As you think about organizing and implementing your after-school program with an emphasis in technology, some materials available on the U.S. Department of Education?s website http://www.ed.gov/Technology/ can be useful to you:

  • Getting On-line: A Friendly Guide for Teachers, Students & Parents
  • Parents Guide to the Internet
  • Getting America?s Students Ready for the 21st Century: Meeting the Technology Literacy Challenge
  • Educator?s Guide to Evaluating the Use of Technology in Schools and Classrooms

If you would like hard copies or if the electronic version is not yet accessible, you can order these materials by calling toll-free 1-877-4ED-PUBS, or order on-line by going to http://www.ed.gov/pubs/edpubs.html

In addition, the following website can be very useful to after-school programs:

http://www.ed.gov/free/ Federal Resources for Educational Excellence (FREE) provides easy access to hundreds of teaching and learning resources from more than 35 federal agencies.

U.S. Department of Education initiatives and technology. Several programs focusing on technology are available to both regular school day and after-school programs. These include:

Technology Literacy Challenge Fund (TLCF). This program provides funding to help states and local districts meet the Administration?s four goals on educational technology: equipping all classrooms with modern computers; connecting all classrooms to the Internet; developing engaging software and content to help all students meet high standards; and preparing all teachers to integrate these new technologies into the curriculum effectively. Schools that have after school programs can use the computers and Internet connections made possible by the TLCF to enhance their program.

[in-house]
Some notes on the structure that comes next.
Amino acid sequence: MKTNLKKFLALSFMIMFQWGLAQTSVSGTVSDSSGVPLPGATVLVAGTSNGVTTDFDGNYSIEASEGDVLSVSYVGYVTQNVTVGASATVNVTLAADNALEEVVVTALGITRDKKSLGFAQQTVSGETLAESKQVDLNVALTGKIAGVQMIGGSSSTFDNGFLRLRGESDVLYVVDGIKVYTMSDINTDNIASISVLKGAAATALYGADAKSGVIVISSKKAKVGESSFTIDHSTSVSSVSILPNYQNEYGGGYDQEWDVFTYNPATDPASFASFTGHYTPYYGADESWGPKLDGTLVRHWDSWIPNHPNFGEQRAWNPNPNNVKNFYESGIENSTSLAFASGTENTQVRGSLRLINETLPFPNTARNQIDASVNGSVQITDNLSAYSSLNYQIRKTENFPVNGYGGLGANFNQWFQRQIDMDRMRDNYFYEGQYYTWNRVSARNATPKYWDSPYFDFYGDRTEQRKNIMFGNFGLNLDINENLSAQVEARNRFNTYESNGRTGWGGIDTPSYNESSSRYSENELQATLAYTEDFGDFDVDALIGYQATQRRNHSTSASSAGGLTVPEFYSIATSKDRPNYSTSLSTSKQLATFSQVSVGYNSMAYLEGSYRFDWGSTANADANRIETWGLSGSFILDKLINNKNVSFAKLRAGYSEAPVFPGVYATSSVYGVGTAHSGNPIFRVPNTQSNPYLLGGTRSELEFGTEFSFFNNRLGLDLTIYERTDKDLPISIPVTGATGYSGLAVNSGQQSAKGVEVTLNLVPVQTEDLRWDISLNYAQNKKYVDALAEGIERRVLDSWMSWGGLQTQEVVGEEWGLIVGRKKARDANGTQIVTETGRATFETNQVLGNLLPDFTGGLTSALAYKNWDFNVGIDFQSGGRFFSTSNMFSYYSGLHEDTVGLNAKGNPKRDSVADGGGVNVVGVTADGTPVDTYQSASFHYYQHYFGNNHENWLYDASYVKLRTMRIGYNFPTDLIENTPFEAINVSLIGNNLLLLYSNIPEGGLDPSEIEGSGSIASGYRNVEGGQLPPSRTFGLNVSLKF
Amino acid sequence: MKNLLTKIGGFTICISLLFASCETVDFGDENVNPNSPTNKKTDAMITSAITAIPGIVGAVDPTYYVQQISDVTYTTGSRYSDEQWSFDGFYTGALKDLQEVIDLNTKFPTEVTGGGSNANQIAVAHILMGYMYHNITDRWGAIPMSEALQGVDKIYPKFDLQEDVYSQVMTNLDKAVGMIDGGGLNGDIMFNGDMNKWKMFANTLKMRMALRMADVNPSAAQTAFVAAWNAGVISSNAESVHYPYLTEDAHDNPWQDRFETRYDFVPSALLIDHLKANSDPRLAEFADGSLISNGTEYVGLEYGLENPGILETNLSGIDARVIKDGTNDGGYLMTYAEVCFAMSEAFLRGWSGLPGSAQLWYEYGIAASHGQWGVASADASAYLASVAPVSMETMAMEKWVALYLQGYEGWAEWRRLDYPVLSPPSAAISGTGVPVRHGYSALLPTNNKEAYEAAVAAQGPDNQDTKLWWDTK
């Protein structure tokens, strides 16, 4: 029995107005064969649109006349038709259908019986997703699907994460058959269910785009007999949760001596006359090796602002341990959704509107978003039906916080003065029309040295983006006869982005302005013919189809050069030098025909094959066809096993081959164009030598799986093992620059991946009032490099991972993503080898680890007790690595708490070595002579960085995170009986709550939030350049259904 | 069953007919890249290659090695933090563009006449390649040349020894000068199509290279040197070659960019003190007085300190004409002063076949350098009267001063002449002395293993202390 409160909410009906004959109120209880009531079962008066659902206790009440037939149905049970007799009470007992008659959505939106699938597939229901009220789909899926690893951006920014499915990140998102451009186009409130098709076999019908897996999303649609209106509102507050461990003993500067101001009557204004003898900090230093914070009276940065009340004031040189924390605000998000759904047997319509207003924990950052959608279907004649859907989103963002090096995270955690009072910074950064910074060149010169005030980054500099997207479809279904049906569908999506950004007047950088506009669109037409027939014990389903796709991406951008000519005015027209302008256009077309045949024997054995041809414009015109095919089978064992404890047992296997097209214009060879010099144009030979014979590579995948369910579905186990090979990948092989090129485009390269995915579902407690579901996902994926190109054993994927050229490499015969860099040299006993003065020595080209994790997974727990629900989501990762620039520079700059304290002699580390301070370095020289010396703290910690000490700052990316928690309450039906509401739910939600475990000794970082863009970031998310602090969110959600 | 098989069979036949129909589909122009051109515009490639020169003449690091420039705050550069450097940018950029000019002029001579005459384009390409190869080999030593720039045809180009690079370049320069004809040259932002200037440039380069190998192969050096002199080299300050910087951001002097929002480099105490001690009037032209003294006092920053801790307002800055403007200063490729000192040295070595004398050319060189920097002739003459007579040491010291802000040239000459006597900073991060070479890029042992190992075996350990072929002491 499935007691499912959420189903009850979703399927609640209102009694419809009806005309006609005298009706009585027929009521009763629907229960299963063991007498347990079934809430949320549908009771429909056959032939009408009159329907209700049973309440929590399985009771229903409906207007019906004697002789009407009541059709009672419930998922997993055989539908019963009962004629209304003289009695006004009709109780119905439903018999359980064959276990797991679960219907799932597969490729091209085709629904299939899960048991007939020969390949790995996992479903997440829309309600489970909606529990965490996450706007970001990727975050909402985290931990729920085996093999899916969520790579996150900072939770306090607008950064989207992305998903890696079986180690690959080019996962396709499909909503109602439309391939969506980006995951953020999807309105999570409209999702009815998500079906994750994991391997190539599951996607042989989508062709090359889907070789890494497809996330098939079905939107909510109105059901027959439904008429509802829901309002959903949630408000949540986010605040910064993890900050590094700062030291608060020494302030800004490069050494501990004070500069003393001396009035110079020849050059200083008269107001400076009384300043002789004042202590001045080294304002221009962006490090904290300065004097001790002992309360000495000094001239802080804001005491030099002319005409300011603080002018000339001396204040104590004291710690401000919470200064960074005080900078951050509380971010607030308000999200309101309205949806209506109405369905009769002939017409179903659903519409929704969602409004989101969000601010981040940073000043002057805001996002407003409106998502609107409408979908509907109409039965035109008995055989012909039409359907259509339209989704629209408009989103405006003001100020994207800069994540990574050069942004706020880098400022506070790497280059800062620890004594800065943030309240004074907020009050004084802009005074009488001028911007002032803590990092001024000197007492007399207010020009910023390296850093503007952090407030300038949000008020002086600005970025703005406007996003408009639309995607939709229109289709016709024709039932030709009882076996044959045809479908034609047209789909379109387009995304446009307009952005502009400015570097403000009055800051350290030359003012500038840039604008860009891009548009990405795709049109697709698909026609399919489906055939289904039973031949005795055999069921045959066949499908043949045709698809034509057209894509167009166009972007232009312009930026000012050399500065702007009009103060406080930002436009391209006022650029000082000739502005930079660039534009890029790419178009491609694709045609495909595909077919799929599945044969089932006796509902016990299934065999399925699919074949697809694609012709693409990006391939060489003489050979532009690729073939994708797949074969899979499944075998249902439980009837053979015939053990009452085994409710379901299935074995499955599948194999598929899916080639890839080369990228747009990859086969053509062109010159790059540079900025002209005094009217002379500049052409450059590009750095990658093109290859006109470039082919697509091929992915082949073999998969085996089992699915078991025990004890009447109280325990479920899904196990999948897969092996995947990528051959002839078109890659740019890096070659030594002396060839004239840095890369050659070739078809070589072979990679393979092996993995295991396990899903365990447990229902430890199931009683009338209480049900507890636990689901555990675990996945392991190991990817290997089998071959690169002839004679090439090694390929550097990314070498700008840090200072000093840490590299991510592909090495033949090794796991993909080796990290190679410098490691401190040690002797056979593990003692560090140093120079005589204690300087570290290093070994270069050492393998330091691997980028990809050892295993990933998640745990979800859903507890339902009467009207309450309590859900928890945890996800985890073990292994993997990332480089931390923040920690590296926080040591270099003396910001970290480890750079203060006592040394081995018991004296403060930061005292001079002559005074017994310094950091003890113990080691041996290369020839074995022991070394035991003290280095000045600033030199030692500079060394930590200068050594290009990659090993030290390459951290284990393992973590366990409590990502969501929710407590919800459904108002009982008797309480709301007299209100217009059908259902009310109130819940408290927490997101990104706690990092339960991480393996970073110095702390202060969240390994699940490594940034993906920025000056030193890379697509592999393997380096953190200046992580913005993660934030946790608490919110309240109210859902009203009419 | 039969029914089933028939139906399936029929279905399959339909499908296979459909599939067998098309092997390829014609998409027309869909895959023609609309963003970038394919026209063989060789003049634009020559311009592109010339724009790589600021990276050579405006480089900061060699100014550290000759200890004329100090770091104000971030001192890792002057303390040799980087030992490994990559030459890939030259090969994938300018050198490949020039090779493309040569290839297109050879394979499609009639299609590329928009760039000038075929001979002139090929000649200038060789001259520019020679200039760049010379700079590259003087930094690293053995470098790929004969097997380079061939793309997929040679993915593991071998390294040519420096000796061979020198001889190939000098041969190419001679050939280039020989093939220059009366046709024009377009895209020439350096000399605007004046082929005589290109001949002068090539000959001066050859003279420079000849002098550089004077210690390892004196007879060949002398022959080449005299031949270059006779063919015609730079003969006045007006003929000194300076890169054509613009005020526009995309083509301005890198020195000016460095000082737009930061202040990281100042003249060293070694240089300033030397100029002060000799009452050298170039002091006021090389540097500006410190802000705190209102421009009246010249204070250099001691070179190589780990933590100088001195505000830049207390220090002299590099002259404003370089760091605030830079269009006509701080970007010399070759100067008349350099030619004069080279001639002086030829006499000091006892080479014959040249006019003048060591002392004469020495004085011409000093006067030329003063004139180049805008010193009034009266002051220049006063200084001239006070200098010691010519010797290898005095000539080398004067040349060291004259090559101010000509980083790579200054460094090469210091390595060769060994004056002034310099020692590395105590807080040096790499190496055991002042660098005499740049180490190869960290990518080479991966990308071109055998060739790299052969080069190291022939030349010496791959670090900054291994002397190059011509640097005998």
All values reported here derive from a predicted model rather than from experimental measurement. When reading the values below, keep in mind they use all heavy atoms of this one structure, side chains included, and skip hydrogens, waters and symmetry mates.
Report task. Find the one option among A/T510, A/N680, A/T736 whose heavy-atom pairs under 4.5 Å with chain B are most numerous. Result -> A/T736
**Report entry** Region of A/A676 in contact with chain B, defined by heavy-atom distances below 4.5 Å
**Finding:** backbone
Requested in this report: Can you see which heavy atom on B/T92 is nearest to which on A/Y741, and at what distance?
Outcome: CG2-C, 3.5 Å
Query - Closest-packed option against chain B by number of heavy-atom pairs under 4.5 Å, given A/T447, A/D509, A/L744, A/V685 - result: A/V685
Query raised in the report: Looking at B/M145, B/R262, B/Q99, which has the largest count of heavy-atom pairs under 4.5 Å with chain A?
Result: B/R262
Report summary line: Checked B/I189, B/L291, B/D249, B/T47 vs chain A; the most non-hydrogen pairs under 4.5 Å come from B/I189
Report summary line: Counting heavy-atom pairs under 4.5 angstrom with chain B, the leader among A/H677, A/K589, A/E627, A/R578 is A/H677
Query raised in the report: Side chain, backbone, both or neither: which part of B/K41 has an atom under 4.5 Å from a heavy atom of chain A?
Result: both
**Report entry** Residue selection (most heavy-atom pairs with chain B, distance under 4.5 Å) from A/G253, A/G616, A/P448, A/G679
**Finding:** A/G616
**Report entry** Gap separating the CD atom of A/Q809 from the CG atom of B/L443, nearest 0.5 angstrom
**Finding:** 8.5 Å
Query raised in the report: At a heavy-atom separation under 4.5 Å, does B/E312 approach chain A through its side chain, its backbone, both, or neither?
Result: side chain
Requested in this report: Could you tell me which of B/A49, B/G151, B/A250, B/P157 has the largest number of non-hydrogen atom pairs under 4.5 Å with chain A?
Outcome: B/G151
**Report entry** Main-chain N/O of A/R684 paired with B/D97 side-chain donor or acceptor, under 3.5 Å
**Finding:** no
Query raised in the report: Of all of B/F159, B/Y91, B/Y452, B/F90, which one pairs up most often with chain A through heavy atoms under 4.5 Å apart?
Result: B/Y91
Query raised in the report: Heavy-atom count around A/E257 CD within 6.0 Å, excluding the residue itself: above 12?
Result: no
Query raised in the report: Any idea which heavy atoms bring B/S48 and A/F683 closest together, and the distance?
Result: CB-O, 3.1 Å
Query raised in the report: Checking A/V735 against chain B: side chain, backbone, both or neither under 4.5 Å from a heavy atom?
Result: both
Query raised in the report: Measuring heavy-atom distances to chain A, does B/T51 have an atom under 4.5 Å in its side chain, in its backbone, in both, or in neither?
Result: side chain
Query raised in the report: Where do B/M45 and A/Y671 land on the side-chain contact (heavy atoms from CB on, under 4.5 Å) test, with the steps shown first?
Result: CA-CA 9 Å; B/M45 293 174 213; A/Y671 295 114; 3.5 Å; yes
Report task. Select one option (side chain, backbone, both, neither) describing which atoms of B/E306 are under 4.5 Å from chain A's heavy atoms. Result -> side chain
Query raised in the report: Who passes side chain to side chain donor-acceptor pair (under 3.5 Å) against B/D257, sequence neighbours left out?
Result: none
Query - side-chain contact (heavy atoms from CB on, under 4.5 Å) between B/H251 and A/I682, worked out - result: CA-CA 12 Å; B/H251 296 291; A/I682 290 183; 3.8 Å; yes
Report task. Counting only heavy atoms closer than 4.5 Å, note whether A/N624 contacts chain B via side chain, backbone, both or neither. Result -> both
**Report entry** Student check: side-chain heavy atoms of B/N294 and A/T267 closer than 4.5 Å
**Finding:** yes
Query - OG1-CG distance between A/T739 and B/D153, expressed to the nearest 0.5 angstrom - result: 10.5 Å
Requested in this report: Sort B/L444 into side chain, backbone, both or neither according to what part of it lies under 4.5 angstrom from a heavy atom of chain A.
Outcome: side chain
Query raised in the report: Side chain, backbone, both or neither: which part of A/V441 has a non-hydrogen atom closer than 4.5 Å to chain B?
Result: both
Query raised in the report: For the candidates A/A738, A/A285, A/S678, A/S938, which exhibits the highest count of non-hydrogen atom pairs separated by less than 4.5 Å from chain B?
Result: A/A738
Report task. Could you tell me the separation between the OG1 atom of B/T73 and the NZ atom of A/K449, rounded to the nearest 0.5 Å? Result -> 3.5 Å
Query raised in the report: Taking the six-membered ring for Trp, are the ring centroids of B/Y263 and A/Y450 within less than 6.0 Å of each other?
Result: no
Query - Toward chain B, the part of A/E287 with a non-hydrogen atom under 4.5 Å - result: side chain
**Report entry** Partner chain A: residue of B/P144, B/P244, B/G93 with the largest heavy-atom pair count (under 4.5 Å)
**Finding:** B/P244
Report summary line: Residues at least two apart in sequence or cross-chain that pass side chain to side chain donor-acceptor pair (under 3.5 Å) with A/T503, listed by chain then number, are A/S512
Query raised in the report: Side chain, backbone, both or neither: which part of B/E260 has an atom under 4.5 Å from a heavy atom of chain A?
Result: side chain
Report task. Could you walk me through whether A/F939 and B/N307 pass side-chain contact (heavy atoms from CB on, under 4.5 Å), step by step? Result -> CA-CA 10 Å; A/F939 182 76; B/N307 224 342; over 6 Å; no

Technology Innovation Challenge Grants. This competitive grant program demonstrates innovative uses of educational technology by building partnerships between local school districts, universities, businesses, libraries, software designers, and others. Several Technology Innovation Challenge Grant projects have after-school components. For example, the Neighborhood Learning Network project in Chicago, Illinois brings together the Chicago Public Schools and the Public Housing Authority to expand the student learning opportunities beyond the classroom. Project Lemon LINK in California connects all district students and their parents to the classroom and home through a District Internet/Intranet system that has enabled them to extend learning opportunities to any time and place within the community. The Primary Source Network project in Melvindale-Northern Allen Park public schools in Michigan is working in partnership with the Henry Ford Museum to use the Internet to provide students and teachers access to primary sources of scientific and technological innovation.